But back to the poles! Scientists identified a third factor that is likely shifting the location of the geographic north and south poles: recent melting of ice on Greenland. As the Greenland ice sheet melts, water flows off this one part of the Earth’s surface and is distributed around the globe. Increases in global air temperatures drove a lot of melting in the 20th Century. About 7,500 gigatons of ice was lost from Greenland. That weight was then distributed more evenly around the Earth’s ocean. But how much is a gigaton? A gigaton is equivalent to the weight of approximately 6 million blue whales! The loss of 7,500 gigatons of ice is like if 45 billion blue whales were hanging out on the land of Greenland for thousands of years and then, in the course of about 100 years, all decided to swim to different parts of the ocean. That would be a big change in mass. And the melting of the ice sheet on Greenland was a big change in mass. Big enough to affect the balance of mass on Earth and contribute to the changes in the Earth’s axis. Loss of ice sheets and glaciers elsewhere, like Antarctica, play a role too but Greenland’s location near but offset from the pole makes the Earth’s axis especially sensitive to changes in mass there.

    Other researchers suggest that climate change impacts the wobble of the axis in a different way. Their study suggests that movement of the geographic north pole maps very closely with changes the distribution of water on land. Prolonged patterns of drought in some regions and flooding in other regions can change the balance of mass on the earth and may also be pulling or pushing the axis.

    Okay, so that’s the geographic north pole. It’s location changes day to day, year to year, decade to decade, and century to century. The longer-term changes in location seem to be driven mostly by mantle convection, glacial rebound, and ice-sheet loss. Altogether, the pole has shifted about 33 feet in the last 100 years. What about the magnetic north pole?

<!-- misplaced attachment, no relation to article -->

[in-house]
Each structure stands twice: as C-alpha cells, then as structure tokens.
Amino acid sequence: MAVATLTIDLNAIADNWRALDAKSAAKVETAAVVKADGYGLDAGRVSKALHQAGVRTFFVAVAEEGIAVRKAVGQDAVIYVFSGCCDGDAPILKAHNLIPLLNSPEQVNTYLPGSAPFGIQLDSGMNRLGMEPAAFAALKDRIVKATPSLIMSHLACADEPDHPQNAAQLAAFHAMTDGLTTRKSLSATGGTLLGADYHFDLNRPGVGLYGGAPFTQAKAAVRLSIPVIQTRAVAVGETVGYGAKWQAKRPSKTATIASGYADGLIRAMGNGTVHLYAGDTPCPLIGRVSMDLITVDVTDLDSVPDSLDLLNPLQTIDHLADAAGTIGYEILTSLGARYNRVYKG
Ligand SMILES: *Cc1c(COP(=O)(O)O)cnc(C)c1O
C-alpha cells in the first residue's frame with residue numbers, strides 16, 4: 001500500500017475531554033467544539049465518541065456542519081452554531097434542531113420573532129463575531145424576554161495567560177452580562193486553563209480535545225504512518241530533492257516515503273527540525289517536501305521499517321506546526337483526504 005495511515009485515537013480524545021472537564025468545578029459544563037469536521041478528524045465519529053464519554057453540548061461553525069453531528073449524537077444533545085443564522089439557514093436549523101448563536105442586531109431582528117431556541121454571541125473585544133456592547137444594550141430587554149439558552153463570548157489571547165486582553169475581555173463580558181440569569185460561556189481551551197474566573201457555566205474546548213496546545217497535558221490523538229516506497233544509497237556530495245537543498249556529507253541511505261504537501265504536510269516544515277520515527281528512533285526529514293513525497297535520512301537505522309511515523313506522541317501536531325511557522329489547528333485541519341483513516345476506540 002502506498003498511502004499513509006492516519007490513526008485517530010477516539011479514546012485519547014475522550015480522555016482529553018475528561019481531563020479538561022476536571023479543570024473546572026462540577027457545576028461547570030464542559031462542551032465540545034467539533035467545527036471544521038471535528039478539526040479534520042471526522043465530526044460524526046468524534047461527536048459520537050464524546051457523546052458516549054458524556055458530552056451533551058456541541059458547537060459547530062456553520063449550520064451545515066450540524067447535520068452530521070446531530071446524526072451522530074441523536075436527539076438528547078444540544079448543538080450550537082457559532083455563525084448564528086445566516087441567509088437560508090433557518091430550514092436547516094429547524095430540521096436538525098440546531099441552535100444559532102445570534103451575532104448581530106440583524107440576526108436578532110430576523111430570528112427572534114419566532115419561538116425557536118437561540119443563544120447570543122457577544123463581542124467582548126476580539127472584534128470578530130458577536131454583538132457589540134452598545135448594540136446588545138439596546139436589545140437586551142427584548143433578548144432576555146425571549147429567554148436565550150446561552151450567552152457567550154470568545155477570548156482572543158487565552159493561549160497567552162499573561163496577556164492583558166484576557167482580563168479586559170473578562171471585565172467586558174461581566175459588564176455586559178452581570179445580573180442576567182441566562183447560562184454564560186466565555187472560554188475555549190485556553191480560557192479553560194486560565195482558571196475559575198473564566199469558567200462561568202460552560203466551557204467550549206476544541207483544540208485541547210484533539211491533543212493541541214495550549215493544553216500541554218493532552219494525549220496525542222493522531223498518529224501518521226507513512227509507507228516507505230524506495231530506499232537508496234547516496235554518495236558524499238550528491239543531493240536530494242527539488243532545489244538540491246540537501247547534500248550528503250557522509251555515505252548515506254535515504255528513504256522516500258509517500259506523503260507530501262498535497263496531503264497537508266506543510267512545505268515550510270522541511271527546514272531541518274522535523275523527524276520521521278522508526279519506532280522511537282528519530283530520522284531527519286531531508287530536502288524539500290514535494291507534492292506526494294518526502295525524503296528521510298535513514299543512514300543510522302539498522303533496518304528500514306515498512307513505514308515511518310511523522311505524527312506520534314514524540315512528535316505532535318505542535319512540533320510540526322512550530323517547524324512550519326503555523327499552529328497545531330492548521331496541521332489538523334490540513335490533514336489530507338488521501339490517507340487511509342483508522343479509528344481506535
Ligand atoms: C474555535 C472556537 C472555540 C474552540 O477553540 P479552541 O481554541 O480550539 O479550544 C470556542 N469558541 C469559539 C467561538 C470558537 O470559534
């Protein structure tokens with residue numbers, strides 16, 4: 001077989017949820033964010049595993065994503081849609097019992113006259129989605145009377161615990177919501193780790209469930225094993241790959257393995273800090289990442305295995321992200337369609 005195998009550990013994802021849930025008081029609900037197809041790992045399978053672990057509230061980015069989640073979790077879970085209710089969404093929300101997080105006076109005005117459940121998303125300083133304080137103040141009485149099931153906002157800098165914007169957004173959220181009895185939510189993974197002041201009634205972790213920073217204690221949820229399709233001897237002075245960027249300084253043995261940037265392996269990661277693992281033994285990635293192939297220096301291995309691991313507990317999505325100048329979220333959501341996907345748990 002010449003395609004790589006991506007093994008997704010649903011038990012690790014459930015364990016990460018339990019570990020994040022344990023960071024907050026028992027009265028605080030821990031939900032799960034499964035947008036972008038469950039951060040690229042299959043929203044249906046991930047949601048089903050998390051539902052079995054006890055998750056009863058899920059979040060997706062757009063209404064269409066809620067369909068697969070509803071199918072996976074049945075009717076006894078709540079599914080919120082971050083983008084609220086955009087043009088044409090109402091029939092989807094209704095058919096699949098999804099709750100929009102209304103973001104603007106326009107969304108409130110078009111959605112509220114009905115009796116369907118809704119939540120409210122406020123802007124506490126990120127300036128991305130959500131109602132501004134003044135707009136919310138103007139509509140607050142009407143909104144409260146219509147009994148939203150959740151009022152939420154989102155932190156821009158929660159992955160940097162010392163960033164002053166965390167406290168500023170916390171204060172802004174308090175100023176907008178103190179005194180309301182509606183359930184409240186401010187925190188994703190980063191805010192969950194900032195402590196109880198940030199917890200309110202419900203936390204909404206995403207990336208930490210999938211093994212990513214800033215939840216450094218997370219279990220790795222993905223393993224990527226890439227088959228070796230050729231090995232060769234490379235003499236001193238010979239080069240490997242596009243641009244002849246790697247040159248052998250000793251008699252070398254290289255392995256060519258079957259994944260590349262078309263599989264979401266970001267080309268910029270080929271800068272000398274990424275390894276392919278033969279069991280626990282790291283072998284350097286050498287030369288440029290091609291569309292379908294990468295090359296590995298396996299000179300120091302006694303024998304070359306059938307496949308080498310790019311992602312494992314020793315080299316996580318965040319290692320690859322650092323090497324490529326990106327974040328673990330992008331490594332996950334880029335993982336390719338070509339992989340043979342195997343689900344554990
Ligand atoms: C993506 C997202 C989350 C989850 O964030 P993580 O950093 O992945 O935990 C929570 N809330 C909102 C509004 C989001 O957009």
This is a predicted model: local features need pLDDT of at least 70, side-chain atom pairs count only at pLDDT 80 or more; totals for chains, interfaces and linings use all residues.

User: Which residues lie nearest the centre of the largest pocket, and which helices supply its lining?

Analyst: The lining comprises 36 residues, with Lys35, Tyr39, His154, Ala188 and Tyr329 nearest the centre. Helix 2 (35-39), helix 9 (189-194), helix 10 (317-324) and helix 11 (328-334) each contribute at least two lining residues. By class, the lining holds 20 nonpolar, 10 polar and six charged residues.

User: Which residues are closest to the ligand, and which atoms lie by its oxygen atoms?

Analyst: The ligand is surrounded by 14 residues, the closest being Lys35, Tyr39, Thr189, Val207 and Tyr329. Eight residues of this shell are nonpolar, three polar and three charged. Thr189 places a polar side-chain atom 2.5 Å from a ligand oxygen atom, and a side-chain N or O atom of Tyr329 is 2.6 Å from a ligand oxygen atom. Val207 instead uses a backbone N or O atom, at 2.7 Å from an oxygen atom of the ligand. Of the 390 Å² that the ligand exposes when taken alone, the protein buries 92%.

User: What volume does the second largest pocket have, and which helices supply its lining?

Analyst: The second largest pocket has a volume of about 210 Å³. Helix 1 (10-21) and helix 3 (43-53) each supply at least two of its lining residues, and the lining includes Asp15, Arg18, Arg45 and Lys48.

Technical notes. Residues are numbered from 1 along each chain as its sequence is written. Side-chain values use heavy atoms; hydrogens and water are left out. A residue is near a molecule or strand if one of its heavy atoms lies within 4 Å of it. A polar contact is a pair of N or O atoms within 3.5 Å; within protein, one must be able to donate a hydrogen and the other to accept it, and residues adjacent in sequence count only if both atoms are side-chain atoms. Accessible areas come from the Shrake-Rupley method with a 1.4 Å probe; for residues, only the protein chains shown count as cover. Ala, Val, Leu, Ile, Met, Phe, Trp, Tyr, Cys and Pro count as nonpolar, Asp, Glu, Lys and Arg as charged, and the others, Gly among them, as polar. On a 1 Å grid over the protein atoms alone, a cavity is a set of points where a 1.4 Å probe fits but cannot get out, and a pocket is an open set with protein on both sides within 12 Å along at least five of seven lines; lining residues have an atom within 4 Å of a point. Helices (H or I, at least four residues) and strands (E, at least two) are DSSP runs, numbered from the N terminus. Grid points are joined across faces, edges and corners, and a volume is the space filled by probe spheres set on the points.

Magnetic North Pole

    The magnetic north pole (and south pole) are determined by the Earth’s magnetic field. And they are moving even faster!
    Driven by processes in the Earth’s core, our planet is surrounded by a magnetic field (region around a magnetic material within which the forces of magnetism act). This is really important to life on Earth, since the magnetic field helps to protects us and our atmosphere from solar radiation and cosmic rays. This energy is deflected along the magnetic field towards the magnetic poles. This also plays a key role in the creation of Aurora Borealis (Northern Lights) and Aurora Australis (Southern Lights).

    The magnetic field – and thus the magnetic poles – are known to move over time. Interestingly, the magnetic north pole and magnetic south pole move independent of each other. They can move at different speeds or in various directions. When it was first measured by western scientists in 1831, the magnetic north pole was located on the Boothia Peninsula very far north in Canada. Since then it has moved about an average of 6 miles (9 kilometers) per year towards the Central Arctic Ocean. Over about 170 years, it moved over 1,200 miles (2,000 kilometers). But in the past two decades, the magnetic north pole has started to move a little faster. Current estimates are that it is moving approximately 30 miles (50 kilometers) each year, and headed towards Siberia, Russia.

    Image of magnetic north pole location
    The magnetic north pole has shifted hundreds of miles since 1831. Image from Nature and the World Data Center for Geomagnetism/Kyoto University.

    Some researchers even think that the instability in the magnetic poles may be a clue that we are headed toward a magnetic reversal. In this slow process, the magnetic field weakens and eventually the north pole and south pole switch positions. This happens from time to time. Evidence shows that the last reversal was nearly 800,000 years ago. Some research indicates that these reversals happen about every 400,000 years, but with lots of variability. So sometimes it is millions of years between reversals and sometimes it is a lot less.